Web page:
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ion exchange

ion exchange The exchange of ions of the same charge between a solution (usually aqueous) and a solid in contact with it. The process occurs widely in nature, especially in the absorption and retention of water-soluble fertilizers by soil. For example, if a potassium salt is dissolved in water and applied to soil, potassium ions are absorbed by the soil and sodium and calcium ions are released from it. The soil, in this case, is acting as an ion exchanger. Synthetic ion-exchange resins consist of various copolymers having a cross-linked three-dimensional structure to which ionic groups have been attached. An anionic resin has negative ions built into its structure and therefore exchanges positive ions. A cationic resin has positive ions built in and exchanges negative ions. Ion-exchange resins are used as the stationary phase in ion-exchange chromatography.

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ion exchange

ion exchange (IX) Reversible exchange of ions in a crystal for other ions in solution, without disturbance of the crystal lattice or its electrical neutrality. This occurs by diffusion, particularly in crystals where weakly bonded ions form one- or two-dimensional channelways. Natural zeolites are used to capture anions and cations from solution. Artificial ion-exchange resins with three-dimensional hydrocarbon networks are commonly used (e.g. in water softeners; for separating isotopes; in desalination; and in the chemical extraction of elements from ores).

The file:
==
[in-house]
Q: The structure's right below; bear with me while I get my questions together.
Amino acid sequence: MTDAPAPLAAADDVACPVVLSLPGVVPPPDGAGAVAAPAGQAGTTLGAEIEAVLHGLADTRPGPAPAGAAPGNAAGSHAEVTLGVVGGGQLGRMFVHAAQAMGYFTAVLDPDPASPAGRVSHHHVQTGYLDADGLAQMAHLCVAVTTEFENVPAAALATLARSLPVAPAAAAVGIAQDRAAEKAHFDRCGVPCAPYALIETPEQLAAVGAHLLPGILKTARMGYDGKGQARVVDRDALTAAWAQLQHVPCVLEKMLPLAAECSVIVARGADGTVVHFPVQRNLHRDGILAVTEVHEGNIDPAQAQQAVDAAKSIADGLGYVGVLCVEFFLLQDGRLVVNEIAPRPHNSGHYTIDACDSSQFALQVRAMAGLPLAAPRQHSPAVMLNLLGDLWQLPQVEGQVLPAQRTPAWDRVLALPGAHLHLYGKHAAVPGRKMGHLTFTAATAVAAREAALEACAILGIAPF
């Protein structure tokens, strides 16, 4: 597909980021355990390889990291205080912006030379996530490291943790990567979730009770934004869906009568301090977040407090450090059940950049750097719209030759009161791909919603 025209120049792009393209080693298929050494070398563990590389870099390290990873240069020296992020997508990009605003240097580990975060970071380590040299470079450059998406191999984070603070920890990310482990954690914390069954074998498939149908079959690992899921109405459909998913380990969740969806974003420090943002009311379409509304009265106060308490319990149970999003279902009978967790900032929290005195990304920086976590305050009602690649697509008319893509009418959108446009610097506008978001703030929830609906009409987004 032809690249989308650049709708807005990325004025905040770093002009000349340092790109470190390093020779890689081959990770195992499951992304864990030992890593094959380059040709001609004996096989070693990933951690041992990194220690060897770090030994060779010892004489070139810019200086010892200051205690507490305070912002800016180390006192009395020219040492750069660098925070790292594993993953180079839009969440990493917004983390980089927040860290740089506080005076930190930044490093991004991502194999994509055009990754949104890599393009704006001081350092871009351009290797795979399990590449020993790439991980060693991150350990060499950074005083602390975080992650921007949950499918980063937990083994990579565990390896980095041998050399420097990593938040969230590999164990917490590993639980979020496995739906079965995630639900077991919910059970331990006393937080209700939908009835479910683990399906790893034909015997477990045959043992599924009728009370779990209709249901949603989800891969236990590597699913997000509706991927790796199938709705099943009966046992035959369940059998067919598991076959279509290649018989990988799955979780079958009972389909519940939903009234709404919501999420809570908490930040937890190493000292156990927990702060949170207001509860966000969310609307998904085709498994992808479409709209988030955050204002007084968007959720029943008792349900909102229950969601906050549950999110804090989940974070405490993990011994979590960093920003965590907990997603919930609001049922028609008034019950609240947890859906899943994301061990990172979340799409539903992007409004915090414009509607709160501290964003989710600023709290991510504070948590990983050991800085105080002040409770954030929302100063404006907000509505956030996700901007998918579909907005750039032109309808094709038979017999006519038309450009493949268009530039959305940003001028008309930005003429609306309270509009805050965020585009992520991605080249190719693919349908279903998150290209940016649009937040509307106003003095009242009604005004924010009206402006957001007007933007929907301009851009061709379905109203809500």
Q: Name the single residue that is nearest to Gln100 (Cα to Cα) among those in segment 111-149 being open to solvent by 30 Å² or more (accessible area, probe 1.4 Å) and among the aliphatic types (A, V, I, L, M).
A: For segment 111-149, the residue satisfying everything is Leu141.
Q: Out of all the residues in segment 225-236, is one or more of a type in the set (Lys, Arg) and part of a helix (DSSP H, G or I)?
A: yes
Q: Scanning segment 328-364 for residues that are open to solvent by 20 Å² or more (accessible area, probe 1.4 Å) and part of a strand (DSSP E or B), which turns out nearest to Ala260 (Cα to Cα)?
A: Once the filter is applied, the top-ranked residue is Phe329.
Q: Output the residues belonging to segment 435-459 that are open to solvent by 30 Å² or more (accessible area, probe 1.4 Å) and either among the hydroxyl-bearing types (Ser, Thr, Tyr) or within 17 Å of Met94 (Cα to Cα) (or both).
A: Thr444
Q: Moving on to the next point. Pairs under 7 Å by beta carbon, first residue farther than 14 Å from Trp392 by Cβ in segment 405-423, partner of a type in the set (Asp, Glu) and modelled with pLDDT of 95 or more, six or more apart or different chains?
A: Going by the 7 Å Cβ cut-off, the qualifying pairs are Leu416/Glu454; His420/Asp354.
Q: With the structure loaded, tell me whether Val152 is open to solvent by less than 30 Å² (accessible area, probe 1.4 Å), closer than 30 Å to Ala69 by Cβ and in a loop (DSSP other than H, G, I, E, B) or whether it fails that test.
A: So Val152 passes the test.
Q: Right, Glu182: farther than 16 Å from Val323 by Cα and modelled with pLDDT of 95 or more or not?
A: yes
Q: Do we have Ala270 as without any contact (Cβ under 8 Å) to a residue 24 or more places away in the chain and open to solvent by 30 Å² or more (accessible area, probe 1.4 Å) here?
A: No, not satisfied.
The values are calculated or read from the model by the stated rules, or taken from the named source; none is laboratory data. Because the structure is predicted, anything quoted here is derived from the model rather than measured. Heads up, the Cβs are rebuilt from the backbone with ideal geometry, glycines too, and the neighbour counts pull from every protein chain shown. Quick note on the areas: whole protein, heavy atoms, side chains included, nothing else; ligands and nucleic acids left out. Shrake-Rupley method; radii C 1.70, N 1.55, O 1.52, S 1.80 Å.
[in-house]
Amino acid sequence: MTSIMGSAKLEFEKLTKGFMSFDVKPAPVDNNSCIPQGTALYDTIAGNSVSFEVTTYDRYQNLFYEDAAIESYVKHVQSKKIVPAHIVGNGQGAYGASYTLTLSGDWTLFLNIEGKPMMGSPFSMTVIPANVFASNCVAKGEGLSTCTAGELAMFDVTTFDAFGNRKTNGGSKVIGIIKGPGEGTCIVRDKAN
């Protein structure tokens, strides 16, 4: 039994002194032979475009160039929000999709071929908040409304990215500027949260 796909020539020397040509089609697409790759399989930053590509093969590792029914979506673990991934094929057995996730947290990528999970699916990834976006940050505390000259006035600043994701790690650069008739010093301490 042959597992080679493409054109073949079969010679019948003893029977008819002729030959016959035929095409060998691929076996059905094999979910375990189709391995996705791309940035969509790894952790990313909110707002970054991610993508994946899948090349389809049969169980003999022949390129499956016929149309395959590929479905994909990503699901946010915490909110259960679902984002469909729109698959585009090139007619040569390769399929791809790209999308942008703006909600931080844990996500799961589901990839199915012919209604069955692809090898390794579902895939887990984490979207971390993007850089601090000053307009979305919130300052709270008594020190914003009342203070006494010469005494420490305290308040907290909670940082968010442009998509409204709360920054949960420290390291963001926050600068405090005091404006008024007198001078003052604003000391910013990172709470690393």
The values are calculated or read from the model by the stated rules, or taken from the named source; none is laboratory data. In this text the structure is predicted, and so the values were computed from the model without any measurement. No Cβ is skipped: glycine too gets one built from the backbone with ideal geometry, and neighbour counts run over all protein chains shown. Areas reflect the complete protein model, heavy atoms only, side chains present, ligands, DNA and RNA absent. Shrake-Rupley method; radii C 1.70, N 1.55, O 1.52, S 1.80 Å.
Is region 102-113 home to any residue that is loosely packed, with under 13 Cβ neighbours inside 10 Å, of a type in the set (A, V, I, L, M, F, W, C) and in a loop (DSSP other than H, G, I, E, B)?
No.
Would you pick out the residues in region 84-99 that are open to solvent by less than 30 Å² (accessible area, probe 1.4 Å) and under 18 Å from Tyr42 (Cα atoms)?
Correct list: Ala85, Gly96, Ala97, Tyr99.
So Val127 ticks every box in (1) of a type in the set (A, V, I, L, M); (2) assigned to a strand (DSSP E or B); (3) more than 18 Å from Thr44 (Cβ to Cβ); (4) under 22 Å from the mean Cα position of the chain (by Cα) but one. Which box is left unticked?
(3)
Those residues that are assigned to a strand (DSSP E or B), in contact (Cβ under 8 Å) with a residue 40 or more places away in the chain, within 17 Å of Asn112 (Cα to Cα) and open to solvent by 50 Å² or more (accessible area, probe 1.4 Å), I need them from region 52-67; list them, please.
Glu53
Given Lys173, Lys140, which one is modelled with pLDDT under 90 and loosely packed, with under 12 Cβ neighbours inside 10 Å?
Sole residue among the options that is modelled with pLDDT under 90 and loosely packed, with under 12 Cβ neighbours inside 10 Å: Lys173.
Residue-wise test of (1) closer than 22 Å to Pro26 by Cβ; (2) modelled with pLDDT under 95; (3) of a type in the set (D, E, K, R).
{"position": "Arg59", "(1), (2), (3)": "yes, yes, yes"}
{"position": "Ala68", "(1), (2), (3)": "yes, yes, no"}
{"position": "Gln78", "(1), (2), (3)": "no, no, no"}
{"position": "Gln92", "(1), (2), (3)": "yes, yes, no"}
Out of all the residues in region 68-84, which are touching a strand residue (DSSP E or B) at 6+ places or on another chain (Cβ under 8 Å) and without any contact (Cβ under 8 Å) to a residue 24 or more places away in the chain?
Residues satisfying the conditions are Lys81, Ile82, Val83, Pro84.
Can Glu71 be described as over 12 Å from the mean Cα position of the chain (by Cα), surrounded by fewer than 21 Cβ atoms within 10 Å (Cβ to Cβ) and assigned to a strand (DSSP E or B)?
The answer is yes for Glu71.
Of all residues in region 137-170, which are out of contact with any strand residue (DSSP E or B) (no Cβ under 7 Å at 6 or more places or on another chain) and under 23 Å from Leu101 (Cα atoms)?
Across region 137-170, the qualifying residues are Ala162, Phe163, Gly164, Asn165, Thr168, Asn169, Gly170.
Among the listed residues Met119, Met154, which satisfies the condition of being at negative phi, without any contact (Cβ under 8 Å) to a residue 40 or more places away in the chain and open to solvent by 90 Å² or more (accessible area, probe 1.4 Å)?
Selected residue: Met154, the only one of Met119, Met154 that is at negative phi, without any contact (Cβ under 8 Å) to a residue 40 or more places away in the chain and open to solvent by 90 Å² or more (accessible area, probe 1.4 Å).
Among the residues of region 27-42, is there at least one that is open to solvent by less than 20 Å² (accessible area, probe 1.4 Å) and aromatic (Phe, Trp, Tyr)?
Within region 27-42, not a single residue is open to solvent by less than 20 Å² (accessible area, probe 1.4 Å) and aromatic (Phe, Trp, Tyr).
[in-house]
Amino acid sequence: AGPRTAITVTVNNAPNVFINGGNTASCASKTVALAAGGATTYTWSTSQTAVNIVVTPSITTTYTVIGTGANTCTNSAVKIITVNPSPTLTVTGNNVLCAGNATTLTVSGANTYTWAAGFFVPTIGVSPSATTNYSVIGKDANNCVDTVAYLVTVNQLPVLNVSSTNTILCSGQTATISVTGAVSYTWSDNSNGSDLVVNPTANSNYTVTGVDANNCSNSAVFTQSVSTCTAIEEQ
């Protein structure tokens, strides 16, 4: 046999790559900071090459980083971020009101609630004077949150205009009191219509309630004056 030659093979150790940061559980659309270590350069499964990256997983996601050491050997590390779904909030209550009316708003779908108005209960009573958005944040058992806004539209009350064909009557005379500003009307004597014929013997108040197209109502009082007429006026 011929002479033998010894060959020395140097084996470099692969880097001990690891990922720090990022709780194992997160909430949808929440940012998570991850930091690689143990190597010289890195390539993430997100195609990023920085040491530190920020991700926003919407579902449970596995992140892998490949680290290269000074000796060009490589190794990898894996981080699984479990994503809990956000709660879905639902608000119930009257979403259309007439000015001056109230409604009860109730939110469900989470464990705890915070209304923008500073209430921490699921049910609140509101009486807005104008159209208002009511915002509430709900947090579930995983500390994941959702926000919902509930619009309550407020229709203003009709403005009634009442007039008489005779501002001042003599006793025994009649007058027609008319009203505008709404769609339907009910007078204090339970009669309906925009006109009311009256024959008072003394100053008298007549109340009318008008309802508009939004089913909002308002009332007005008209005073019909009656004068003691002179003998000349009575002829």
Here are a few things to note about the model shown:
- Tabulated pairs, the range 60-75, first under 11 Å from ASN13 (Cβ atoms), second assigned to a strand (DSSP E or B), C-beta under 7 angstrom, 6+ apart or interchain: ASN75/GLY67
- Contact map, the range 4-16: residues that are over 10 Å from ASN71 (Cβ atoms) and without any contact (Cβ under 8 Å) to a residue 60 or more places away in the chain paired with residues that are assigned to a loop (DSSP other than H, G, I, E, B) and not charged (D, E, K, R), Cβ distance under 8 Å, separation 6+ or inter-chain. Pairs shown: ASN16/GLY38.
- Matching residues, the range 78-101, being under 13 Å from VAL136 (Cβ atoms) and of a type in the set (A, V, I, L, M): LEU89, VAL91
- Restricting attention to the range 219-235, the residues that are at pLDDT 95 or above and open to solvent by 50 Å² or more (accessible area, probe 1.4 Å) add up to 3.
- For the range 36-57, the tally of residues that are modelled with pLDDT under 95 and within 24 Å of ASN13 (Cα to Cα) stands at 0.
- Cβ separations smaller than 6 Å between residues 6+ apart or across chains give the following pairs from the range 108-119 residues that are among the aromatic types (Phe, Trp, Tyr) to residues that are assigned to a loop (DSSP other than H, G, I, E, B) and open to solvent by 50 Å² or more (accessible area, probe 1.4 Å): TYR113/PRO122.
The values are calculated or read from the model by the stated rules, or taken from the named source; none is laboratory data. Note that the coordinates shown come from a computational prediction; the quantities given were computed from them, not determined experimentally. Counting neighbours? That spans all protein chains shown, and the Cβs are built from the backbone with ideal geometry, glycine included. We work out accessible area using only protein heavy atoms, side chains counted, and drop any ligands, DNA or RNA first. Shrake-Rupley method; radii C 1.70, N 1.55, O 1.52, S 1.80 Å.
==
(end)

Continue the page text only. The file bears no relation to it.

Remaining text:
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ion exchange

ion exchange (IX) The reversible exchange of ions for other ions in solution. Natural zeolites are used to capture anions and cations from solution. Artificial ion-exchange resins with three-dimensional hydrocarbon networks are commonly used (e.g. in water softeners, for separating isotopes, in desalination, and in the chemical extraction of elements from ores).

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"ion exchange." A Dictionary of Ecology. . Encyclopedia.com. 22 Apr. 2018 <http://www.encyclopedia.com>.

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